I also have a few low quality hand planes and handsaws. All these tools, except for the Stanley Block Plane and Bailey No.6c, were a part of my Father’s tools discussed previously. The condition of the hand planes varies significantly and I am hesitant to really put the money into reconditioning them. I think it may be money better spent to purchase new Lie-Neilsen, Veritas or for the budget conscience WoodRiver. As my plan is to hang in the gray, between power and hand tools; I won’t need a full assortment of planes to complement my projects. The total investment in new planes spread over time is justifiable, at least in my eyes.
Generally the same thoughts apply to the handsaws. Except for a Disston #7 crosscut panel saw none of the others are worth reconditioning and will be replaced over time. I have contacted Bob Rozaieski (Logan Cabinet Shoppe) a couple of times about sharpening services for the #7, but to this point the budget hasn’t been available.
The photo above shows my current bench configuration. The taller bench to the left was built by my father from crate lumber used when he and my mother moved to West Virginia from New York in 1965. While I hope to build a workbench down the road, right now I have more important shop needs to address. In a future post I will go into more detail on the current layout of the shop and future intentions to expand.

Until my next post,

Keep Your Mind on your Fingers and your Fingers on your Hands!!!

Thursday, November 24, 2011

The Obligatory Introduction...

Let me start by saying I am not a professional writer or photographer; any expectations for entertainment and informational value should start three notches below the lowest score on your personal grading scale. That being said, lets move on to the first post from the WV Woodshed.

Some thirty-two plus (32+) years ago, I presented my father with a discount coupon for "One Free Woodwork", which I still have tucked away somewhere in my box of important mementos. As with most young boys, my interest in the craft was sporadic and unfocused. The schools in my area didn't offer wood shop as a curriculum and there were no other avenues to pursue my youthful interest. "WILD" teenage experiences, unfocused college years and young family life and responsibilities soon made woodworking a distant memory. Let me be clear, "All roads lead to where I stand". In no way, shape or form would I change anything about where I am today or the experiences I have gone through to get here, even if I could. I just wish woodworking had been a creative outlet and a part of the journey along the way.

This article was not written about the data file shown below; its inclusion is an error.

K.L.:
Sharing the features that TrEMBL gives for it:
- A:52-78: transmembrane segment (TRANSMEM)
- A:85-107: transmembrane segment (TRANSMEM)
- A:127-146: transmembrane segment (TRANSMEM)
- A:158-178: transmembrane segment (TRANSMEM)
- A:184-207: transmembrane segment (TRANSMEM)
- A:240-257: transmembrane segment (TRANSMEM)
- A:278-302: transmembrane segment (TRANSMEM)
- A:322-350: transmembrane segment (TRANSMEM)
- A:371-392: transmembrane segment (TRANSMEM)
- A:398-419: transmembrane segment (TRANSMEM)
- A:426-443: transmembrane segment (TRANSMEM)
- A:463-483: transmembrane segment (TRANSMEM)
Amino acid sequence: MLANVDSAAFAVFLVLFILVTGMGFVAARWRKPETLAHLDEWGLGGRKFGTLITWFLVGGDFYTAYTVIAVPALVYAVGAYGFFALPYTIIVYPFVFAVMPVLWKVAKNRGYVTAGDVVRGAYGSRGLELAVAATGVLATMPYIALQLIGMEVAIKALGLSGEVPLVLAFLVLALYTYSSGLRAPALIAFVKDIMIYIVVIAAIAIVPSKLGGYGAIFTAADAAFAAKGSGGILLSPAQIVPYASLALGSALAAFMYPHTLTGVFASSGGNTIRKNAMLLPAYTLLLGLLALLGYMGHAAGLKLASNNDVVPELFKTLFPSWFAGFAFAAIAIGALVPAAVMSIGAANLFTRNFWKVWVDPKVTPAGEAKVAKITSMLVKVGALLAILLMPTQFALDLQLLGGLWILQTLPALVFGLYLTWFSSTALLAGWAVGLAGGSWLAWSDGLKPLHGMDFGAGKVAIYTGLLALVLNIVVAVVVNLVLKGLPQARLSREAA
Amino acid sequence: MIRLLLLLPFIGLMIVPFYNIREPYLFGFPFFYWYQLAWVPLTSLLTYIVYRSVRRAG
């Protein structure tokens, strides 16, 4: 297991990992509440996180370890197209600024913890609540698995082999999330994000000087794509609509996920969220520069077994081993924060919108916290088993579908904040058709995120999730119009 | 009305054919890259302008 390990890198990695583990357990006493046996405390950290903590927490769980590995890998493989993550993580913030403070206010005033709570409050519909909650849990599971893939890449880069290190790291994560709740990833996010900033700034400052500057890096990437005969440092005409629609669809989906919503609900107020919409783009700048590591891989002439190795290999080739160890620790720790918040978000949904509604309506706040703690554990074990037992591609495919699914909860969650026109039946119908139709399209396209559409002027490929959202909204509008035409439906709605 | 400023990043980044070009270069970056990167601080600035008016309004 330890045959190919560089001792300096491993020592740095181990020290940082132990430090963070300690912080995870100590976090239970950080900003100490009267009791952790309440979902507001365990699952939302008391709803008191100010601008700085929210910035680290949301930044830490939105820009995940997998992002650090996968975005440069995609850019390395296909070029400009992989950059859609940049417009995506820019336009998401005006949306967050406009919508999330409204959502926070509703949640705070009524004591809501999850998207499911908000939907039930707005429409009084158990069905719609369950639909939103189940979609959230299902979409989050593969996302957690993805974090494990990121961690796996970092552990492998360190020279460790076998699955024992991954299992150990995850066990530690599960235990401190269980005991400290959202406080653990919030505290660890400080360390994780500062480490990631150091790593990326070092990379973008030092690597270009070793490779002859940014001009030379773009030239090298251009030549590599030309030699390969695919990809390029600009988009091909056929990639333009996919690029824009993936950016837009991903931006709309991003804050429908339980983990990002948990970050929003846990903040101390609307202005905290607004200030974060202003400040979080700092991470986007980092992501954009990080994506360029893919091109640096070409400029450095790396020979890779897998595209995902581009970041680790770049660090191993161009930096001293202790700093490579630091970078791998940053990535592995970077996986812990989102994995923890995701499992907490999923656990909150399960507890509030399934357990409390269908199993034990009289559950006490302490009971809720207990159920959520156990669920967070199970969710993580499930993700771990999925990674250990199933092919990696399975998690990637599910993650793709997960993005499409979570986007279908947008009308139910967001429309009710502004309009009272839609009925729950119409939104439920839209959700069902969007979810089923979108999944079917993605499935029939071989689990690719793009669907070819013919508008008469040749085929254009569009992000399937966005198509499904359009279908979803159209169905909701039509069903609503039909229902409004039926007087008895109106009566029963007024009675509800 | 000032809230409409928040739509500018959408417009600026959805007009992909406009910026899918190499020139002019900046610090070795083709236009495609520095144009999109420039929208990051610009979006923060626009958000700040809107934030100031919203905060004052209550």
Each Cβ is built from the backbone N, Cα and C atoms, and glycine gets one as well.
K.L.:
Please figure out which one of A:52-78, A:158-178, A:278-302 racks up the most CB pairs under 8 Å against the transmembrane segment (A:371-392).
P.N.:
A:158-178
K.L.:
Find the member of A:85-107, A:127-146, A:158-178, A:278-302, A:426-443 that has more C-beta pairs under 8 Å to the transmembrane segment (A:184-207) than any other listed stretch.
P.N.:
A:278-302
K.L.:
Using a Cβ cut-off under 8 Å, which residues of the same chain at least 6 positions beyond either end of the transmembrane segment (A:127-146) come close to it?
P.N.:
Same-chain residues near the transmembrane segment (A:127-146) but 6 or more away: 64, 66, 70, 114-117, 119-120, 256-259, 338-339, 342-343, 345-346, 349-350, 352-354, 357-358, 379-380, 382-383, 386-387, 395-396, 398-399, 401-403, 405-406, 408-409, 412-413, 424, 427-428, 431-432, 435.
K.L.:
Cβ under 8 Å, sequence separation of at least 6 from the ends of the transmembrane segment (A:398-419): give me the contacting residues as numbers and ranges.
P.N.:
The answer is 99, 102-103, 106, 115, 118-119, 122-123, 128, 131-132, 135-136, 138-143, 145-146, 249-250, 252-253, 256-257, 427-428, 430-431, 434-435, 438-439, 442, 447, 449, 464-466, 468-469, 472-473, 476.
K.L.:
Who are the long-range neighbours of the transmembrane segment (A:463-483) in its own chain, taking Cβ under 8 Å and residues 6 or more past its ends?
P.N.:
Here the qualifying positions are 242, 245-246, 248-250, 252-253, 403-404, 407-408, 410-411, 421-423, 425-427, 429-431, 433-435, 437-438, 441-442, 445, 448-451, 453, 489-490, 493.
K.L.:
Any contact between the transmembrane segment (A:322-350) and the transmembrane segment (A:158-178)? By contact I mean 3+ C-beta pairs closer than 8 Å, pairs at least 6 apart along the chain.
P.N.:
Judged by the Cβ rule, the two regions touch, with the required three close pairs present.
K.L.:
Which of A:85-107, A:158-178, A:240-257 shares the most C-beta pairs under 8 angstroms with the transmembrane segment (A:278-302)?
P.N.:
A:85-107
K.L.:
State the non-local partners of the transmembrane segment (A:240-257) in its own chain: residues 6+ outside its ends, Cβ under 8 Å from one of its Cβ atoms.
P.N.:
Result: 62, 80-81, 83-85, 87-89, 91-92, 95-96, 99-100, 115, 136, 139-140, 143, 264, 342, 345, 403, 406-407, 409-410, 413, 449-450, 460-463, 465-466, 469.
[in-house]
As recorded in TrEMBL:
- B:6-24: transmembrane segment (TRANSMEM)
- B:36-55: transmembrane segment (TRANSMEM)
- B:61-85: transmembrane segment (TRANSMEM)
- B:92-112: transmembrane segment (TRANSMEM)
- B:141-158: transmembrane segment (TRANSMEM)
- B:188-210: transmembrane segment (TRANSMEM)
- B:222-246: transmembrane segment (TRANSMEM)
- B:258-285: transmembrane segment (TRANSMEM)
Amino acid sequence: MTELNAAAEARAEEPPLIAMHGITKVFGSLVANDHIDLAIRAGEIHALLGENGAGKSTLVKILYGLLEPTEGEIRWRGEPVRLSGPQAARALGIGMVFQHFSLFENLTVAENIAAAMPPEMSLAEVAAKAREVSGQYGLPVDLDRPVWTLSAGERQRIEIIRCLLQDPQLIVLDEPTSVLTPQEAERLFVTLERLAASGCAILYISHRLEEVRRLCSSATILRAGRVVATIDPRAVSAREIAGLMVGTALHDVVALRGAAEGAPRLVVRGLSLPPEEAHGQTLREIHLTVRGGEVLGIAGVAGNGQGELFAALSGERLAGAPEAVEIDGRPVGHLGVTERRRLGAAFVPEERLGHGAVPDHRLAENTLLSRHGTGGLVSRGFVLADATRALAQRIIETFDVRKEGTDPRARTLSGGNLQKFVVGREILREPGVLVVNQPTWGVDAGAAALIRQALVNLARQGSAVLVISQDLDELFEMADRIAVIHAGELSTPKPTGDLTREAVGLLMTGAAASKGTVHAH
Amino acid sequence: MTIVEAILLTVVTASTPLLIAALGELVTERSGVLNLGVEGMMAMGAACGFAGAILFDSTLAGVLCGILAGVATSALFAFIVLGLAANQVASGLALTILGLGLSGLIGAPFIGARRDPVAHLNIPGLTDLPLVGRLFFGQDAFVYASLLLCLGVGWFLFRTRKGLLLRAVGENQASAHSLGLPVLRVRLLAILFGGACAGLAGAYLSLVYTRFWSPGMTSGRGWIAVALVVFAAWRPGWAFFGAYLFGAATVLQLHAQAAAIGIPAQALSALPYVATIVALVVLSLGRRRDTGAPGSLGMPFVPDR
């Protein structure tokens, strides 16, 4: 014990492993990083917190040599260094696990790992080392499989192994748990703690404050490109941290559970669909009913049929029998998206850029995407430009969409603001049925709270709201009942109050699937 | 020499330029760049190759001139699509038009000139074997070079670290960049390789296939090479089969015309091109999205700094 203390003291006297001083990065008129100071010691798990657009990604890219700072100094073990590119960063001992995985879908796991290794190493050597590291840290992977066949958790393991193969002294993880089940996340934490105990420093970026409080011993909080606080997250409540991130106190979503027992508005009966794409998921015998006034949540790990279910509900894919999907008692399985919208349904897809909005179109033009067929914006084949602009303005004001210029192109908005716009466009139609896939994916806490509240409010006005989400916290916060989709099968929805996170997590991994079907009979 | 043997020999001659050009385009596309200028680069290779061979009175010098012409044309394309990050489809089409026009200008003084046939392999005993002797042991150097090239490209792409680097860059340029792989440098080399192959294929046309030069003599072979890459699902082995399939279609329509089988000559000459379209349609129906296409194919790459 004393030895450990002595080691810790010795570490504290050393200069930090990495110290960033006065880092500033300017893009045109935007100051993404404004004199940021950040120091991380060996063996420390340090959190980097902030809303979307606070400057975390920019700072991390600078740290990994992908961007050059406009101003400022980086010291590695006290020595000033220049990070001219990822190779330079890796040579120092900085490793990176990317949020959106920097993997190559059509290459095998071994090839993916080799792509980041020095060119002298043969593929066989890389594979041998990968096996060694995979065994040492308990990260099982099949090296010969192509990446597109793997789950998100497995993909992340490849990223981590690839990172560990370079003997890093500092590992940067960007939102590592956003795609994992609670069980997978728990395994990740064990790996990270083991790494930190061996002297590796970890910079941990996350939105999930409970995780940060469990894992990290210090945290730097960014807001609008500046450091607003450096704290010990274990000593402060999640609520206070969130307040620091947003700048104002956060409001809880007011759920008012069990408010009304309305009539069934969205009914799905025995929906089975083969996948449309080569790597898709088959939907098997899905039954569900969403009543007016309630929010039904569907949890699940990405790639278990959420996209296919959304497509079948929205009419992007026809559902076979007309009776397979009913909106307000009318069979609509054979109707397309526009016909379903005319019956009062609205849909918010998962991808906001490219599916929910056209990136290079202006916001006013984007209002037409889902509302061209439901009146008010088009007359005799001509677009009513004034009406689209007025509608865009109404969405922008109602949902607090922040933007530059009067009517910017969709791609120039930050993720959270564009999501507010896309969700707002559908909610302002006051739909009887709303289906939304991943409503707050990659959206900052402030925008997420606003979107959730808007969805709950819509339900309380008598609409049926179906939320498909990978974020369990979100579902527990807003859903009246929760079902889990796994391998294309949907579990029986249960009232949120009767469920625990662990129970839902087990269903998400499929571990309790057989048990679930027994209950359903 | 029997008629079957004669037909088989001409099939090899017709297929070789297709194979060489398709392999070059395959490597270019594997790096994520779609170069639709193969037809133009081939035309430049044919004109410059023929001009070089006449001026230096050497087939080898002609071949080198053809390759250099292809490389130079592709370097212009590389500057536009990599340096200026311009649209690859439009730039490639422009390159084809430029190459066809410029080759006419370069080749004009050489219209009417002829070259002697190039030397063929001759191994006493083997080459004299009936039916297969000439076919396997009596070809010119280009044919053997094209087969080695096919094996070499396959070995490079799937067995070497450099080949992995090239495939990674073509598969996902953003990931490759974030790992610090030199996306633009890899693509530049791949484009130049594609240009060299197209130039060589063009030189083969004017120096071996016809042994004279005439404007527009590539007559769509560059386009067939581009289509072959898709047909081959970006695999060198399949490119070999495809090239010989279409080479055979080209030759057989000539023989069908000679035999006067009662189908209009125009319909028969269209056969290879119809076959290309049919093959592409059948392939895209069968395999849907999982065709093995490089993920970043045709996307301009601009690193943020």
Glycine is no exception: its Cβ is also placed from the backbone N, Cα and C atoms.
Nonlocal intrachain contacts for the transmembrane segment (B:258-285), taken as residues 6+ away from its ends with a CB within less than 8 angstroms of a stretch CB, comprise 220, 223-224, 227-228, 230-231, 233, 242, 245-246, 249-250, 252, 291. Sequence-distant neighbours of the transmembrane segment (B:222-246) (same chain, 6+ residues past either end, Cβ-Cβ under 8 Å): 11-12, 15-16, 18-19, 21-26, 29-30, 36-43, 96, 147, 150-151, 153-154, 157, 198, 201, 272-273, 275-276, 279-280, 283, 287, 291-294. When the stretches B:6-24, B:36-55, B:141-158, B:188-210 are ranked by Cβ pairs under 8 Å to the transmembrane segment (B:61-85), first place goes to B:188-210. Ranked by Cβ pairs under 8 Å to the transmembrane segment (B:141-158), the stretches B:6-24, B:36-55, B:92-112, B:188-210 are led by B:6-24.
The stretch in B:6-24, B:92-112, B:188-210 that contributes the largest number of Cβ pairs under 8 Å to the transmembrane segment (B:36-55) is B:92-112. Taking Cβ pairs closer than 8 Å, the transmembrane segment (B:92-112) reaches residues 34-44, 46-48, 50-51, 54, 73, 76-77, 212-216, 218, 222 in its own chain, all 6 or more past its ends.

Fast Forward to the Last year...

A little over a year ago everything changed. My wife and two children moved back into my childhood home, in Bluefield, WV, to help take care of my mother, while I continued to commute to Augusta, GA for seven (7) months. Finding gainful employment in West Virginia can be a painstaking and patience testing experience. During this time, while I was in West Virginia on the weekends, I began looking through my Father's old tools. He had passed away in January 2000 and most of the tools were still sitting in the exact same place he had left them. While none of the tools were high quality or even moderately valuable, the sentimental value and inspirational impacts of being around his old tools was indescribable. During the week, while I was away from the family, I filled all my free time with seeking, reading and watching information about woodworking. The vast knowledge base available from online resources such as blogs, videos and vendor sites is enough to gorge a person, which I did with an insatiable appetite.

Finally in May 2011 I was fortunate enough to find an employer in West Virginia and move back with my family. While I wanted to immediately begin to put into practice all the things I had absorbed over the past year, several obstacles, mainly home repairs and remodeling projects, needed to be completed first.

I am still finishing up a few of the larger projects, but I have been able to free up some time recently to initiate a few smaller woodworking specific projects. In early September I threw together a tool organizer to store all my squares and other measuring tools.
While I feel the end product serves the intended purpose, I think I could have done quite a bit more to enhance the overall quality of the project. Time hasn't been my friend over the last year, so I tend to rush way too much and cut corners where I can, but shouldn't. I did the required end grain cutting board in late September, and learned quite a bit regarding grain direction and the glue up process. 
In mid-October I slapped together my first enclosed cabinet to house my 1970's B&D router.
Again the rush to get something up and functional overcame my desire to perfect everything, but in the end the router works and the cabinet is very stable. In addition to the router table I have made several adjustments to the shop area including additional counter space and shelving. My latest project has been a hand cut dovetail and box joint box with a purpleheart accent handle.

While I admit, epoxy saved several mistakes; generally I am fairly happy with the results. The biggest thing I've taken away from this project is the realization that all projects must be completed in order to actually learn from the mistakes and the methods to repair or disguise the errors.

If I’ve managed to keep your interest this long, I appreciate your willingness to suffer through the obligatory introduction. My current intention, so as to not over-commit, is to post updates twice a month. The updates will include information related to my successes, failures and everything in between. I will also discuss positive and negative experiences with woodworking related tools and products. Generally, if it has to do with woodworking and it passes through my woodshed, you’re highly likely to hear my ramblings.

Until my next post,

Keep Your Mind on your Fingers and your Fingers on your Hands!!!